“Illicit affairs”

Swift offers a sharp contrast against this glitzy, no-consequences, corporate ladder feminism with her performance of “illicit affairs,” an understated track from her 2020 album folklore. The performance at the Eras Tour is so resonant that it renders the feminism of “The Man” shallow and trite in comparison. “Illicit affairs” offers its own feminism, one that remains firmly grounded in sexual and social realities, and honestly assesses the burdens disproportionately borne by women in real relationships.

The song explores the experience of a young woman participating in a clandestine affair, presumably with a married man. It is written in second-person narration, which gives it both a narrative immediacy and a pensive, reflective quality. When I first listened to folklore, “illicit affairs” was a standout to me for its refreshing honesty about the way that extramarital relationships so often fail women. “What started in beautiful rooms / Ends with meetings in parking lots,” Swift sings. The metaphors describing the affair are numerous and vivid. It is “a dwindling, mercurial high,” “a drug that only worked / the first few hundred times.” It is born from a single glance but then “it dies and it dies and it dies;” it tells the truth “one single time” but then lies and lies and lies. The protagonist is left feeling empty, spent, invisible; like she doesn’t even exist. 

The bridge has the most potent lyrics of the whole song, shifting into a raw first-person account of the affair’s emotional aftermath:

  And you wanna scream

“Don’t call me ‘kid,’ don’t call me ‘baby,’

Look at this godforsaken mess that you made me

You showed me colors you know I can’t see with anyone else

Don’t call me ‘kid,’ don’t call me ‘baby,’

Look at this idiotic fool that you made me

You taught me a secret language I can’t speak with anyone else.”

The false promises of the affairthe colors she now can’t see, a language she now can’t speakhave rendered her feeling like a mess and a fool. Rather than depicting extramarital sex as an empowering choice, the song shows that this decision has caused lasting hurt. While Swift may not have intended it, the paternalistic nicknames that the protagonist rails against“kid” and “baby”also serve as reminders of the procreative consequences of sex, and the reality that these often fall on the woman to bear alone.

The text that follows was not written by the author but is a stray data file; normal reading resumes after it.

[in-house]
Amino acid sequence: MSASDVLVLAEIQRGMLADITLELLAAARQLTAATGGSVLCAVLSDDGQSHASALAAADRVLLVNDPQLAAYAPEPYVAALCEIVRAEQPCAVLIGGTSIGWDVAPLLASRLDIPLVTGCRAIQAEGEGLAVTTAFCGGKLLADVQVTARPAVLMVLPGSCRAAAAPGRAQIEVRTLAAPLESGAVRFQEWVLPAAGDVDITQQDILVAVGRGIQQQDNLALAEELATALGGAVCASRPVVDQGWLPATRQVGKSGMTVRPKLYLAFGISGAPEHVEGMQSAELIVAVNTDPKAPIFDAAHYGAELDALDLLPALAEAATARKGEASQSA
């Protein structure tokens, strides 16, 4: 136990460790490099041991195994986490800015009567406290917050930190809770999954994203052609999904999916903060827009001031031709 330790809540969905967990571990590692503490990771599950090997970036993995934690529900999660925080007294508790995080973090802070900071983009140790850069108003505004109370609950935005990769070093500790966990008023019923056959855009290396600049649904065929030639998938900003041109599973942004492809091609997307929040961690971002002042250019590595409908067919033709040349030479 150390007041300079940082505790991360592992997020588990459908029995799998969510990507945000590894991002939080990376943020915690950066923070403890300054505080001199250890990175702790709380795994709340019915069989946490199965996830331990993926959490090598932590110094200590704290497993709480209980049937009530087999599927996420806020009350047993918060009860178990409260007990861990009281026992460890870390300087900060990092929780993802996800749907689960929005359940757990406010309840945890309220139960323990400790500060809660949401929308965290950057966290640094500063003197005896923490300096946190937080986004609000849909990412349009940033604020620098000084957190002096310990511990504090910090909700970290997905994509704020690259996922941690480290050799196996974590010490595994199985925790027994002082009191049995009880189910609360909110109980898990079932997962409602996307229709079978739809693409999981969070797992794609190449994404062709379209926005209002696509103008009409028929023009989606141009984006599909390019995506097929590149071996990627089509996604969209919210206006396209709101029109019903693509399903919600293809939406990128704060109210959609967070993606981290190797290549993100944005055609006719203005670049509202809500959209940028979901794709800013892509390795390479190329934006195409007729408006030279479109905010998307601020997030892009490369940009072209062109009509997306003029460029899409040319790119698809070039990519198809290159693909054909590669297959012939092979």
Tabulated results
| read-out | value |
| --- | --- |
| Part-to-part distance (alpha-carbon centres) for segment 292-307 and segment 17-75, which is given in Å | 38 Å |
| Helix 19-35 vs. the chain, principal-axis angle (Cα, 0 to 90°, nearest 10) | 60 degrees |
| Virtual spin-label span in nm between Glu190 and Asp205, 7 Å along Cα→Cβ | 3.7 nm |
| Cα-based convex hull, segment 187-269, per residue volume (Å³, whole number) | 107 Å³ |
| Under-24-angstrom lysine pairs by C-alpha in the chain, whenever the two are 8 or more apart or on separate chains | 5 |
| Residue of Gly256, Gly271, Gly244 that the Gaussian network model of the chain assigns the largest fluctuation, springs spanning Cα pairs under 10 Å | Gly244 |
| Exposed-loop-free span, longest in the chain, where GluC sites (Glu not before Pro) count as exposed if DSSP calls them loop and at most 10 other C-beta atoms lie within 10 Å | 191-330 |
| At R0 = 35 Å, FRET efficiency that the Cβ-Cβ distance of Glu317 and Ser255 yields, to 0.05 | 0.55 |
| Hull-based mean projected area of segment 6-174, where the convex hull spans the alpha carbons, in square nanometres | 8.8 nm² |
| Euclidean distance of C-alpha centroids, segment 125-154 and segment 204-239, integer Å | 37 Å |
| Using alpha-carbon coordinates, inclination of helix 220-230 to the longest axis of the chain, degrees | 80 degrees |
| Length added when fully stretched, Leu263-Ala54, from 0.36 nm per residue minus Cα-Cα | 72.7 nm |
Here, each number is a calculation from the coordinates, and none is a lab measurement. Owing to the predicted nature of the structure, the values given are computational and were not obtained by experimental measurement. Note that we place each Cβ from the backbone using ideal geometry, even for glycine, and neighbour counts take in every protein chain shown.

The false promises of the affair have rendered her feeling like a fool. Rather than depicting extramarital sex as an empowering choice, the song shows that this decision has caused lasting hurt.


Only this bridge and the song’s outro are included on the Eras Tour setlist, playing right after “august,” a song about another less-than-legitimate romance. While the studio version of “illicit affairs” is wistfully pleading, on tour Swift belts out the bridge on her knees in a passionate and almost vindictive live performance. The warm colors of “august” fade to a somber black-and-white as Swift transitions to “illicit affairs,” performing it in a way that took fans by surprise with its vocal power and devastating emotional depth, an effect only enhanced when performed in the rain. It pulls back the veil and peers into an experience of betrayal following sexual intimacy outside of commitment. The tour performance draws attention to the intense vulnerability of the song’s storytelling and, I argue, its underlying feminism.